Are you worried about a child or teenager?
- Do they stay out overnight?
- Have they been missing from home?
- Do they skip school?
- Have they come home with money, clothes, or other items you can’t account for?
- Do they have an older boyfriend or girlfriend you are concerned about?
- Are you worried they are using drugs or alcohol?
- Have they lost contact with family and friends of their own age?
- Do they lack self-esteem?
- Are they secretive about where they go and who they see?
- Do they chat to people online they have never met?
- Are you worried about unsafe sexual behavior?
- Has their appearance and/or behavior significantly changed
If this sounds familiar, your child could be at risk of sexual exploitation by older adults. Taking risks is part of growing up, but sometimes children get out of their depth.
There are specialists who can advise you if you are worried. The Kingfisher Team is our specialist team and you can call them on their confidential helpline on 01865 309196.
Child sexual exploitation is a crime – the police and social services will act to stop it happening.
What is sexual exploitation?
Child sexual exploitation is a form of child sexual abuse. It occurs where an individual or group takes advantage to coerce, manipulate or deceive a child or young person under the age of 18 into sexual activity (a) in exchange for something the child needs or wants, and/or (b) for the financial advantage or increased status of the perpetrator or facilitator.
The victim may have been sexually exploited even if the sexual activity appears consensual. Child sexual exploitation does not always involve physical contact; it can also occur through the use of technology.
What can you do?
If you are worried about a child or young person, you must do something - but it may not be easy to find out what is going on from them.
The child or young person may have been told not to talk about what they are doing, or threatened with violence. Or they may think they have an exciting grown-up life with a boyfriend or girlfriend, which they don’t want to end.
Try to find a time to talk to them calmly about how they feel. They may open up and admit they are unhappy about a part of their life. They may even admit they need help.
If they won’t talk to you, please do not let the matter drop. There may be someone else that you both trust that could talk to them - a grandparent, uncle or family friend, or someone from your religious or local community. Tell the trusted person about your concerns and ask them to have a word. It is important the young person does not feel blamed or at fault.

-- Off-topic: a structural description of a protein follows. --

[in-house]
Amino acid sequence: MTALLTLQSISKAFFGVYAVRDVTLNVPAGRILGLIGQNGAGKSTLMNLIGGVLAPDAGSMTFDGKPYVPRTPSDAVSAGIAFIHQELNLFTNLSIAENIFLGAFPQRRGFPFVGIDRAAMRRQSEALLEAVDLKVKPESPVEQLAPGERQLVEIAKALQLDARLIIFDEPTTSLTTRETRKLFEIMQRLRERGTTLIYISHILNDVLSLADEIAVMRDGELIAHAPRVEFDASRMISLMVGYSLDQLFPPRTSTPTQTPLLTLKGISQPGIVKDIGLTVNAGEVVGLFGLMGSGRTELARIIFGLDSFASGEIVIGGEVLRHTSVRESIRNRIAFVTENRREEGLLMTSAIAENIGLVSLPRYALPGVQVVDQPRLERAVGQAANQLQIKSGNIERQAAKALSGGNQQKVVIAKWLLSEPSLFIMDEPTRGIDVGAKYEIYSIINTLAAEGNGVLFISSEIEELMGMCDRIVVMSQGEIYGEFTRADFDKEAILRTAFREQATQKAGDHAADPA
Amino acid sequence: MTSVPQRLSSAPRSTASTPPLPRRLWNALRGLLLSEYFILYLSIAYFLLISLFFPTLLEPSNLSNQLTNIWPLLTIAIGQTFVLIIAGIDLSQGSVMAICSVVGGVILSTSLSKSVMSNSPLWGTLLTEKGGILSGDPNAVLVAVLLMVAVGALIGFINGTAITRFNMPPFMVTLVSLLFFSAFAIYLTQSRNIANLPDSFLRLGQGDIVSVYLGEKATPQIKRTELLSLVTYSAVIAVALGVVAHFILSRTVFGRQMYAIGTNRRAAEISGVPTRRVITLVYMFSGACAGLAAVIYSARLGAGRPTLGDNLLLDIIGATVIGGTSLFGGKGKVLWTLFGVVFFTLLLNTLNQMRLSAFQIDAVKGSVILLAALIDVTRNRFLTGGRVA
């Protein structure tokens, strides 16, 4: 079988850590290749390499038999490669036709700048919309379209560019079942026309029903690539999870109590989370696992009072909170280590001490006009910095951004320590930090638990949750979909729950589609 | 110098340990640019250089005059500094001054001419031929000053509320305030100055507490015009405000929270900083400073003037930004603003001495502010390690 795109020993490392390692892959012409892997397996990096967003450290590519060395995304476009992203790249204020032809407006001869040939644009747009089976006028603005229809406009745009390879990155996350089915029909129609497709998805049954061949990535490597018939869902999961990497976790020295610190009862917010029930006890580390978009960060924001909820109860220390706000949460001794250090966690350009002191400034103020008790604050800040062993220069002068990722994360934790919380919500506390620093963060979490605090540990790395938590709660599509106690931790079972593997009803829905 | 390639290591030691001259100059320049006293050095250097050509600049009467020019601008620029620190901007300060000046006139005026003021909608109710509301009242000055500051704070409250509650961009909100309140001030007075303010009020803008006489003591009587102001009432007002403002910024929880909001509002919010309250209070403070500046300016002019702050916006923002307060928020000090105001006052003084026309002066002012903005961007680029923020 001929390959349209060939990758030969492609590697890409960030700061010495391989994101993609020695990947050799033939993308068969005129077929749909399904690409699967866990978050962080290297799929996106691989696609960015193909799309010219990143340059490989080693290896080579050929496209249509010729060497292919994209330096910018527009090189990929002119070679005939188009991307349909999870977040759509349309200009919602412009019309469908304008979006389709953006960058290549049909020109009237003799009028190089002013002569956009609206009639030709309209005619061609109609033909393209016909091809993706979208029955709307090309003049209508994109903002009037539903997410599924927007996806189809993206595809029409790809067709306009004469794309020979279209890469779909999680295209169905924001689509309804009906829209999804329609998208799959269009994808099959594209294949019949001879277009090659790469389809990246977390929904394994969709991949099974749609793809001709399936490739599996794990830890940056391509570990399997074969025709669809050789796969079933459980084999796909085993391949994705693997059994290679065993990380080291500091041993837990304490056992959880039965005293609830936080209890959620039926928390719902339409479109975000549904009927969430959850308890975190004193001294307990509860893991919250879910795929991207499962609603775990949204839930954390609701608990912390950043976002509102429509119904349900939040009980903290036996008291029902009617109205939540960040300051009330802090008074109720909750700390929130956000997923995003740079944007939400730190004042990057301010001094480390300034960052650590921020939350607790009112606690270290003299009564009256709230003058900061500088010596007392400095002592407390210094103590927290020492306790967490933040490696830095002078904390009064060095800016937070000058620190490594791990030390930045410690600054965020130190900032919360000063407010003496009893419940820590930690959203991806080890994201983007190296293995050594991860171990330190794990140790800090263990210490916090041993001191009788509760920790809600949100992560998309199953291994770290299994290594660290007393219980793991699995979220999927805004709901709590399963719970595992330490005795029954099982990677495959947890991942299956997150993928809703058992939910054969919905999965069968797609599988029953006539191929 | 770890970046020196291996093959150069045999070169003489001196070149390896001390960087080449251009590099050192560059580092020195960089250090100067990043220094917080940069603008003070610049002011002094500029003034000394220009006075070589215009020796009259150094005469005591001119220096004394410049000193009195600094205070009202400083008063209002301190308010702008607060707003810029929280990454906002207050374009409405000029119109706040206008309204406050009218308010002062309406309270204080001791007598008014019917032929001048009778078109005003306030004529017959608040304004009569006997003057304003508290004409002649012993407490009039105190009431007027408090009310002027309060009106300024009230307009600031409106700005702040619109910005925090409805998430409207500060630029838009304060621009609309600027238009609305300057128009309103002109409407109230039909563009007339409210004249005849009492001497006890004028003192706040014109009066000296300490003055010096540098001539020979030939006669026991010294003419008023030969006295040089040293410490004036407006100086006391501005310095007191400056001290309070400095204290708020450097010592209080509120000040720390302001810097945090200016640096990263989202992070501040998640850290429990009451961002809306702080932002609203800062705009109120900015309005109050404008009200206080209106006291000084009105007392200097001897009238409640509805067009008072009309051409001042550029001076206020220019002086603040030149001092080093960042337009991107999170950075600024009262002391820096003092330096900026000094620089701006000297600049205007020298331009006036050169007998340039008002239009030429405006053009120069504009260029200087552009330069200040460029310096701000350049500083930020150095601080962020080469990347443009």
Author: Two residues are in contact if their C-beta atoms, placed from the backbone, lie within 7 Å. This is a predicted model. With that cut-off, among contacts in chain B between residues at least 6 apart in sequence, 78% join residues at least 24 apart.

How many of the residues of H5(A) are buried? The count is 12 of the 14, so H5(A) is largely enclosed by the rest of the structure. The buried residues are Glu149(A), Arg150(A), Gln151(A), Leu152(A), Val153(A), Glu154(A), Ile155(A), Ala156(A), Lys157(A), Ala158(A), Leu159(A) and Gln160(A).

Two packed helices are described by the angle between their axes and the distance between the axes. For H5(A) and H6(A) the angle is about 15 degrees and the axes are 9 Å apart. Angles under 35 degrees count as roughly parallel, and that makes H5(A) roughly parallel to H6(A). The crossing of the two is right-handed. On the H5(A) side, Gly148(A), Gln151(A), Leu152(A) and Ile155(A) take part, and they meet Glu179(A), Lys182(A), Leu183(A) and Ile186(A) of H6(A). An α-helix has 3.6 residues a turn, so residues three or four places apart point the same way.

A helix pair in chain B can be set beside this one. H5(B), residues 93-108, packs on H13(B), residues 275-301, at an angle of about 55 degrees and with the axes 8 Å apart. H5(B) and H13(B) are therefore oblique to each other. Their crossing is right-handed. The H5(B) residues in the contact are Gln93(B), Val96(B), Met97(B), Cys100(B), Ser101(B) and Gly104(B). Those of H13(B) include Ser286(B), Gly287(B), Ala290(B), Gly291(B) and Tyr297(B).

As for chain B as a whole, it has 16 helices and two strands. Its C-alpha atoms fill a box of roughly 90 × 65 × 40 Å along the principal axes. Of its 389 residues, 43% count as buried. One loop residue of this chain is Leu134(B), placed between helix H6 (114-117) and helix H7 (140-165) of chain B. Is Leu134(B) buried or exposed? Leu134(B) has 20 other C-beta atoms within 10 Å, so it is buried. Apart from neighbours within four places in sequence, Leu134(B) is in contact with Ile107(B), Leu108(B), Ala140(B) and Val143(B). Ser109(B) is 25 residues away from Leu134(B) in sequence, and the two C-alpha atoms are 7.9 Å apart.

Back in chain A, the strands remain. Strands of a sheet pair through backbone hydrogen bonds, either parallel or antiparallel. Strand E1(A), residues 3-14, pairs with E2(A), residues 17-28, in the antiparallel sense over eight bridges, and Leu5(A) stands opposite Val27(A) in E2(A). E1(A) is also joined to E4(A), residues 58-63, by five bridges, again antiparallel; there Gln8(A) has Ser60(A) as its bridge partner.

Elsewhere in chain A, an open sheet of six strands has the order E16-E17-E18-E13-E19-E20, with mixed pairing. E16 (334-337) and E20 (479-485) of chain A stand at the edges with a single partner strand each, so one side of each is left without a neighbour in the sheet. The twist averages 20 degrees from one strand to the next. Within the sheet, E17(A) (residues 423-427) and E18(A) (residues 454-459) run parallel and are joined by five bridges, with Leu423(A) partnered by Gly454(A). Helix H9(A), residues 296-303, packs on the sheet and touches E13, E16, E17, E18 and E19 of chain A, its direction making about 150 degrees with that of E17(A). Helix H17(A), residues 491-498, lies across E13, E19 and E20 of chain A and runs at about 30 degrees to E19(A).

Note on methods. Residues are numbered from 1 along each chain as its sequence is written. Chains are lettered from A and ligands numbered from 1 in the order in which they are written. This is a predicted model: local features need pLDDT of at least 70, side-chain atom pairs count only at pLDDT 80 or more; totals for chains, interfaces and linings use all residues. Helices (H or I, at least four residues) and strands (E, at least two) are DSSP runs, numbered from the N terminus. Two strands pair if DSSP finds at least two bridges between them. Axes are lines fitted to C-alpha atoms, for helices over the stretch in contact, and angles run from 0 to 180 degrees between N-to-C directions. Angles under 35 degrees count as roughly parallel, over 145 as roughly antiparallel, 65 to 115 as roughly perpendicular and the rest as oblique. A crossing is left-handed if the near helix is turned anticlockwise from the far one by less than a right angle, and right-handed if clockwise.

How does it happen?
We know from experience that some people target young people and draw them into abusive sexual relationships. This is known as ‘grooming’ and examples of this include:
- Older adults show them a lot of interest and affection at the beginning and make them feel special.
- Sometimes they ask groups of young people to come back to their house or go to parties.
- They are offered drugs and alcohol and a place to chill out.
- They may get presents like clothes, a mobile phone, or money to buy alcohol and cigarettes.
- After they have gained the youngster’s trust and affection, things change.
- They will ask for sexual favours for themselves or other people, in return for alcohol, drugs, presents, money - all the things they started giving for free.
- They stop being nice and can become threatening or violent.
- At this point the child is likely to feel shame and be worried that they will be judged and not want to tell.
Video - can you recognise the signs?
The video below is designed to help childcare professionals and police spot the early signs of group-associated grooming. It was produced by the Association of Chief Police Offices (ACPO) and the National Policing Improvement Agency (NPIA) and features Eastenders actress, Shona McGarty:
There are specialists who can advise you on what to do next. They can also talk to any child or young person themselves. Contact the Kingfisher Team on 01865 309196.
If you think a child is at immediate risk call 999.